If you haven’t heard of Ngangom Dingko Singh, you know nothing about Indian boxing. Aged 19, the high-calibre Manipuri pugilist ended India’s 16-year wait for an Asian Boxing gold during the 1998 Bangkok edition with his victory in the 54-kg Bantamweight category.
His sensational victory inspired an entire generation of Manipuri boxers who have gone onto bring laurels for the country including the indomitable Mary Kom, Suranjoy Singh, Sarita Devi and Devendro Singh.
From growing up in an orphanage to battling and beating bile duct cancer, Dingko Singh has lived a remarkable life. And now we may get a glimpse of that life thanks to a biopic on the Indian boxing legend – starring Bollywood actor Shahid Kapoor. Directed by Raja Krishna Menon of ‘Airlift’ and ‘Chef’ fame, the film is expected to release in April 2019.
Speaking to news publications, actor Shahid Kapoor said that this is one of his most ambitious projects to date.
“The thing that I loved about this story is that he is one of those superstars who we don’t know much about. If a film like Dangal (2016) wasn’t made, we wouldn’t know as much about the Phogat sisters. Dingko is a cancer survivor, and he went through 13 rounds of chemotherapy. He has even gone on to say that his biggest win was surviving cancer and not the gold medal he won at the age of 19 at the 1998 Asian Games in Bangkok,” the actor, who will play Dingko Singh, told DNA.
“In 2017, Gautam Gambhir became aware of his situation and sent money for his treatment. Soon, people found out who he was, and 13 doctors came forward to help him. He is a sports star who survived cancer. At some point in his past, he had almost become a Naxalite. His life story is unbelievably crazy; it is very human and extremely inspiring. Such amazing stories of heroes need to be told,” the actor added.
Dingko was born on January 1, 1979, in a remote village called Sekta in the Imphal East District of Manipur. Born in crushing poverty, Dingko was raised at an orphanage where his dreams of becoming an athlete began to take shape.
Thanks to the Special Area Games Scheme started by the Sports Authority of India, which aims at scouting natural talent for competitive sports and games from inaccessible tribal, rural and coastal areas of the country and nurturing them, Indian officials spotted Dingko’s natural talent for boxing.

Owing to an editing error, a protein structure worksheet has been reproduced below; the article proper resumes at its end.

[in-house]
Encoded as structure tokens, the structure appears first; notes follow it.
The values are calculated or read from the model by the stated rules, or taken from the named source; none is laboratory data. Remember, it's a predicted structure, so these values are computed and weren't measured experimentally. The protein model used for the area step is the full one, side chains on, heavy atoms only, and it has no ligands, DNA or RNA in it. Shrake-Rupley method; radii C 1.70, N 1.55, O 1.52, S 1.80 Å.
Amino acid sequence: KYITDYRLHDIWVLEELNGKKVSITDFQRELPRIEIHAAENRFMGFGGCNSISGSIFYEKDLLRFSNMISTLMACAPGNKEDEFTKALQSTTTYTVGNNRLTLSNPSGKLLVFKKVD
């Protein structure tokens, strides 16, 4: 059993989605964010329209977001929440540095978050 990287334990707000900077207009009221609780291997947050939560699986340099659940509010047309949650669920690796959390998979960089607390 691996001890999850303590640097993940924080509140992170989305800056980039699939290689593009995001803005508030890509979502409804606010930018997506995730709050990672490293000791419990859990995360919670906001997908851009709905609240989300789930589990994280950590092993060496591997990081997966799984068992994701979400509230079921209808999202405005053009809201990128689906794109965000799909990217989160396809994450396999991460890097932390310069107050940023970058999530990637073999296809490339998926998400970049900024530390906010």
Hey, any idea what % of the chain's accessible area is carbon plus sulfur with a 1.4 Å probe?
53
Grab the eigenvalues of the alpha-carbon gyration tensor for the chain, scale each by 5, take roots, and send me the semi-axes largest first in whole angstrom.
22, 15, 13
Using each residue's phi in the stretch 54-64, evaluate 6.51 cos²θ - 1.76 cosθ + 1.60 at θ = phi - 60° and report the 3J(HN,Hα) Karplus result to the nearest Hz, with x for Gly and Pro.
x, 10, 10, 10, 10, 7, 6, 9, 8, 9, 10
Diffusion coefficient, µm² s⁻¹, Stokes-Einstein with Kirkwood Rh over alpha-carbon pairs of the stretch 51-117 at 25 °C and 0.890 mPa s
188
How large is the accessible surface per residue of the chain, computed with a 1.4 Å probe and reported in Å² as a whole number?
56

Under the tutelage of Major OP Bhatia, a senior official at SAI, Dingko went onto establish himself as an exceedingly talented boxer.
His first title at the age of 10 in a Sub-Junior National Boxing tournament in Ambala caught the attention of Indian sports officials and coaches began to train him for a career in the sport.
He went onto win the prestigious King’s Cup in Thailand (now called Thailand International Invitational Boxing Tournament) a year before the 1998 Bangkok Asian Games Dingko was well on his way.
The road to gold, however, wasn’t without its share of drama. He was initially dropped from the Indian Boxing squad for the Asian Games for reasons that remain unknown.
Devastated when he heard the news, a young Dingko went on a bender, before coaches intervened at the last minute and inducted him into the squad. The rest, as they say, is history. He went onto beat the-then world no. 3 Timur Tulyakov of Uzbekistan in the final to win gold.
Mary Kom once said that it was Dingko’s success in Bangkok that inspired her to pick up boxing. That’s the effect he had on an entire generation of Manipuris.
Following the Asian Games, he participated in the 1999 National Games, a preparation of sorts before the 2000 Sydney Olympics. Unfortunately, during the National games, Dingko fractured his hand, an injury that would never completely heal thanks to uncaring officials.
In the Olympics, he crashed out of the first round, and his career never quite recovered.
Fortunately, he was given the Arjuna Award in 1998 following his Asian Games success, and a home and job by the Indian Navy. In 2013, he was awarded the Padma Shri.
After spending many years in the Navy, he went back to coaching in 2013 with SAI, and training the next generation of Indian boxers.
“This was where it all started for me. So, I wanted to give back. I had a plan, to produce at least two Olympians by 2020. Then I got sick. Now I have to shift my targets slightly, maybe at the 2024 Olympics,” he told The New Indian Express earlier this year.
Dingko Singh came back into the news in February 2017, when news came of his cancer. Suffering from bile duct cancer, doctors had to remove nearly 70% of his liver.
Financially, however, the cost of treatment nearly crushed him and his family. He had to sell the house the government gave him for his treatment.
Fortunately, the government and other major sports personalities like Gautam Gambhir and Sarita Devi stepped up to arrange money for his treatment.
After many rounds of chemotherapy, Dingko is on the road to recovery and back coaching his wards at the SAI complex.
What an incredible life. It deserves a Bollywood biopic.
(Edited By Vinayak Hegde)